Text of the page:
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First Peak Oil, Now we have Peak Earnings Theory

Discussion in 'Political Discussion' started by PatriotsReign, Nov 17, 2008.

  1. PatriotsReign

    PatriotsReign Rookie

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    Pretty interesting theory from a fairly conservative investment advisor. I think anyone interested in the possible future of our economy or the investment world will find this interesting as hell.

    Mish's Global Economic Trend Analysis: Peak Earnings

    "One of the implications of Peak Credit is that financial earnings have peaked. And because of reduced leverage, earnings in the financial sector are not coming back for decades. Those earnings were all a mirage in the first place.

    Next consider homebuilders given that lending standards have dramatically tightened at banks. Those profits are never coming back. What happenes to profits at major pharmaceuticals if and when the Obama administration allows drug imports from Canada and other places?

    One must also factor into the earnings equation boomers facing retirement in the wake of falling home prices and retirement accounts taking a cliff dive. Trillions in potential spending power has been wiped off the books.

    Expect boomers to travel less than expected, buy fewer toys (boats, cars etc) than expected, gamble less than expected, and downsize much more than expected in every aspect. This in turn will reduce the earnings potential of non-financial corporations for decades to come. Thus expectations that a new rip roaring bull market will commence once the market bottoms is sadly misplaced."
  2. PatsFanInVa

    PatsFanInVa PatsFans.com Supporter PatsFans.com Supporter

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    Ah, but also expect the boomers to work later than expected, and therefore retire later than expected. The first boomer retirements at 65 would have happened at 2010. I say "would have" because quite a few simply will not, not with their 401K suddenly turned to 101Ks, with debt against their home "value", and therefore a new mortgage on the same old house. Those who can afford to stay in the workforce are likely to do so quite a bit longer than we would have thought.

    If we can create or hold onto enough jobs, that is not only a good thing, it is a great thing. Demographically generation X simply cannot handle the flip-flopped generational roles of their elders. Gen. Y can, but will not yet be in their peak earning years.

    I can just hear some gen. Xers saying "Awww CRAP not THEM again..." It basically means a "place in the sun" is still going to be blocked out by the widened behind of a baby boomer for a few more years.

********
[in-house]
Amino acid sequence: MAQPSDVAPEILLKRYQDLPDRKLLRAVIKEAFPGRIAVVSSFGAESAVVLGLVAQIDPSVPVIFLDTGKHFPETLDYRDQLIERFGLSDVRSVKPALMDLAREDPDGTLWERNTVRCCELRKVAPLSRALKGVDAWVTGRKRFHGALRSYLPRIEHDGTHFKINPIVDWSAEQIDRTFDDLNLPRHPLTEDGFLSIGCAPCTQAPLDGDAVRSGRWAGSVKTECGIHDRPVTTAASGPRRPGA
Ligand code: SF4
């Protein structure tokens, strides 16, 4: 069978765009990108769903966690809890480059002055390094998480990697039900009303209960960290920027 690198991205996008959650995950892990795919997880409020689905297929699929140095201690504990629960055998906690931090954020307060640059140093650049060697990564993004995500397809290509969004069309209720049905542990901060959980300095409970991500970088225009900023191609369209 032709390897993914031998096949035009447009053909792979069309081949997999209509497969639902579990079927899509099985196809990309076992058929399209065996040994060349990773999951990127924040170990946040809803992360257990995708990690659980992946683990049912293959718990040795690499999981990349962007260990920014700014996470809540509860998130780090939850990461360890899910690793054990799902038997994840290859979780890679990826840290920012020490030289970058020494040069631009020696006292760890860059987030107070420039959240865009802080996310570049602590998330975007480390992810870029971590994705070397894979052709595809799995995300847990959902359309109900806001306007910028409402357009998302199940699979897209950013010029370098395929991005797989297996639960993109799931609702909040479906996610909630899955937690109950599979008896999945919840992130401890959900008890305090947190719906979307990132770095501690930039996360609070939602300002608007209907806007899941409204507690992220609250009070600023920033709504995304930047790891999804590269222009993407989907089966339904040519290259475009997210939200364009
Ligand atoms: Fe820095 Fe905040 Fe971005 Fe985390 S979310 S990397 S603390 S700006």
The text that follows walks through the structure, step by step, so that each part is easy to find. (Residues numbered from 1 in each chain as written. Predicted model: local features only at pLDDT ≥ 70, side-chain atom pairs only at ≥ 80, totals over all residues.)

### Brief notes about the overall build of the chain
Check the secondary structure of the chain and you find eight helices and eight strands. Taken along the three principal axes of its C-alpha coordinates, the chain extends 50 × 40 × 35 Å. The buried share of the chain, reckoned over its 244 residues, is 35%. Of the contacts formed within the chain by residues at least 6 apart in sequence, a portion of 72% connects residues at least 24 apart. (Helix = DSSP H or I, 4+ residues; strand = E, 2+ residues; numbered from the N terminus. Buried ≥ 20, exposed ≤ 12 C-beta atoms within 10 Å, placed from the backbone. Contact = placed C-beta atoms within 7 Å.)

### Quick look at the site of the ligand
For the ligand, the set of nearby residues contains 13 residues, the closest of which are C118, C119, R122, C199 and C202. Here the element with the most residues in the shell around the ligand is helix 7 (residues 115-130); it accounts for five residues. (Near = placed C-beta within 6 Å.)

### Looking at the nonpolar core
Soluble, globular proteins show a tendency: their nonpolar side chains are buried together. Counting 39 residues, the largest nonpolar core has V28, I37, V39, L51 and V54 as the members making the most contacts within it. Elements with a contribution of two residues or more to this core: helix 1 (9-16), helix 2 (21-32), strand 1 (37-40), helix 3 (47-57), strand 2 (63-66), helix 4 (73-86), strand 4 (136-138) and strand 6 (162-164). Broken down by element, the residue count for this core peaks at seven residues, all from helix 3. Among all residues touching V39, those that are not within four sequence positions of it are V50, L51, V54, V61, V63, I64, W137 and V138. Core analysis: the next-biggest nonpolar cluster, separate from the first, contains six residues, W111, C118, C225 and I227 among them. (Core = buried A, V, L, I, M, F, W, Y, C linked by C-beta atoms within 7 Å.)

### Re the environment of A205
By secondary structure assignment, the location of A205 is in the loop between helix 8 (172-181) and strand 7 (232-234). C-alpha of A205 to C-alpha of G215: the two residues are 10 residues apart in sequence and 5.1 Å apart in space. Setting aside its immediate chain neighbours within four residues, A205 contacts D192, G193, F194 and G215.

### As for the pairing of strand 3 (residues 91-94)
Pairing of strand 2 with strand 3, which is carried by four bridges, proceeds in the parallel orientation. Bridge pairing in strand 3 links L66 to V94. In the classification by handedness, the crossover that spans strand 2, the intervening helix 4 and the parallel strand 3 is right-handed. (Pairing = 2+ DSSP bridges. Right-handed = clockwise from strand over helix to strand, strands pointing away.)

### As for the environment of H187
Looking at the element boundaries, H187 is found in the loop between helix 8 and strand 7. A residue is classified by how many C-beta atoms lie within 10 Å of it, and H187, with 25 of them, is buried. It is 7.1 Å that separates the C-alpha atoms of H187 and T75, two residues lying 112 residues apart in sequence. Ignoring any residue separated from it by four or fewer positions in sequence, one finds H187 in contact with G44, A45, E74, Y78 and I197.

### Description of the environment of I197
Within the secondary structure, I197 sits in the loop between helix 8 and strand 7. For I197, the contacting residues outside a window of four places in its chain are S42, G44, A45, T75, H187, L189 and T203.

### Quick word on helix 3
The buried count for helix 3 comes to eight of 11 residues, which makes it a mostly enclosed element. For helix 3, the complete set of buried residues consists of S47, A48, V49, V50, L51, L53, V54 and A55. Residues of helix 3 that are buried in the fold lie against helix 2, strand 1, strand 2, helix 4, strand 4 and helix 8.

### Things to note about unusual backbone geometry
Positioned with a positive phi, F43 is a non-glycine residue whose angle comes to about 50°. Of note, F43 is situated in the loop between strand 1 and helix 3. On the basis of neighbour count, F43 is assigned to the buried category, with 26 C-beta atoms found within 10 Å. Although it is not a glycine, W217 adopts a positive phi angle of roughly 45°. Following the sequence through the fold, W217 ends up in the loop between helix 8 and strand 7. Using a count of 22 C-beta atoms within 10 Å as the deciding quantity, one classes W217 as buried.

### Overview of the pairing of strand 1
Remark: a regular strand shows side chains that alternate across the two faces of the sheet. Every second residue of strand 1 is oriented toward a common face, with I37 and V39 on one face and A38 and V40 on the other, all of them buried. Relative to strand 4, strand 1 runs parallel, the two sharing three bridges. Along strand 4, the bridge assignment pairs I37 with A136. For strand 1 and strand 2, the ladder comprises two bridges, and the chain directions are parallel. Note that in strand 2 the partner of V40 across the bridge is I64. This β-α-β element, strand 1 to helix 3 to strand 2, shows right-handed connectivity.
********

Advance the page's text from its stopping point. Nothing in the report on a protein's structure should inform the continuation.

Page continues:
Of course, jobs are going to be at a premium.
  3. Patsfanin Philly

    Patsfanin Philly Rookie

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    #95 Jersey

    I think ( and it may be a contrarian view) that Canadians will start paying more for drugs. Relative to the US market they are 1/10 the size and if the gov't says that they have to charge US customers what they charge their Canadian ones, how long do you think it would take before the north of the border folks start paying more.. so not to jeopardize profits of the industry....
  4. BelichickFan

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    #24 Jersey

    Yeah, "buying drugs from Canada" is a B.S. shell game. The U.S. needs to re-open drugs sales treaties (or agreeements or whatever they're written on) to charge other countries more. The only reason they're cheaper is we have agreed to sell them cheap overseas but then we need to pay more to keep profits and incentive for drug creation up. Canada doesn't make the drugs cheaper, they import the same drugs from the U.S. then get to sell them cheaper than pharmacies here can.
  5. PatriotsReign

    PatriotsReign Rookie

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    Meanwhile, Citibank announced they are laying of

    50,000 Americans

    When you read between the lines at what is going on worldwide and here in the US, we can see a downsizing of our economy....thus "Peak Earnings".

    This all means the American NEEDS to drive our prices down so we can be more competitive on the world market. That means wages will come down as will home prices and all other goods & services.

    The only way our products can be sold cheaper is for us to have less expensive labor costs. The only way to reduce labor costs on a massive scale is to reduce the cost of living on a massive scale.

    The last alternative would be the devaluation of our currency. If that were to happen without a huge deflationary trend, then we would have hyper-inflation...that is the worst case scenario.
    Last edited: Nov 17, 2008

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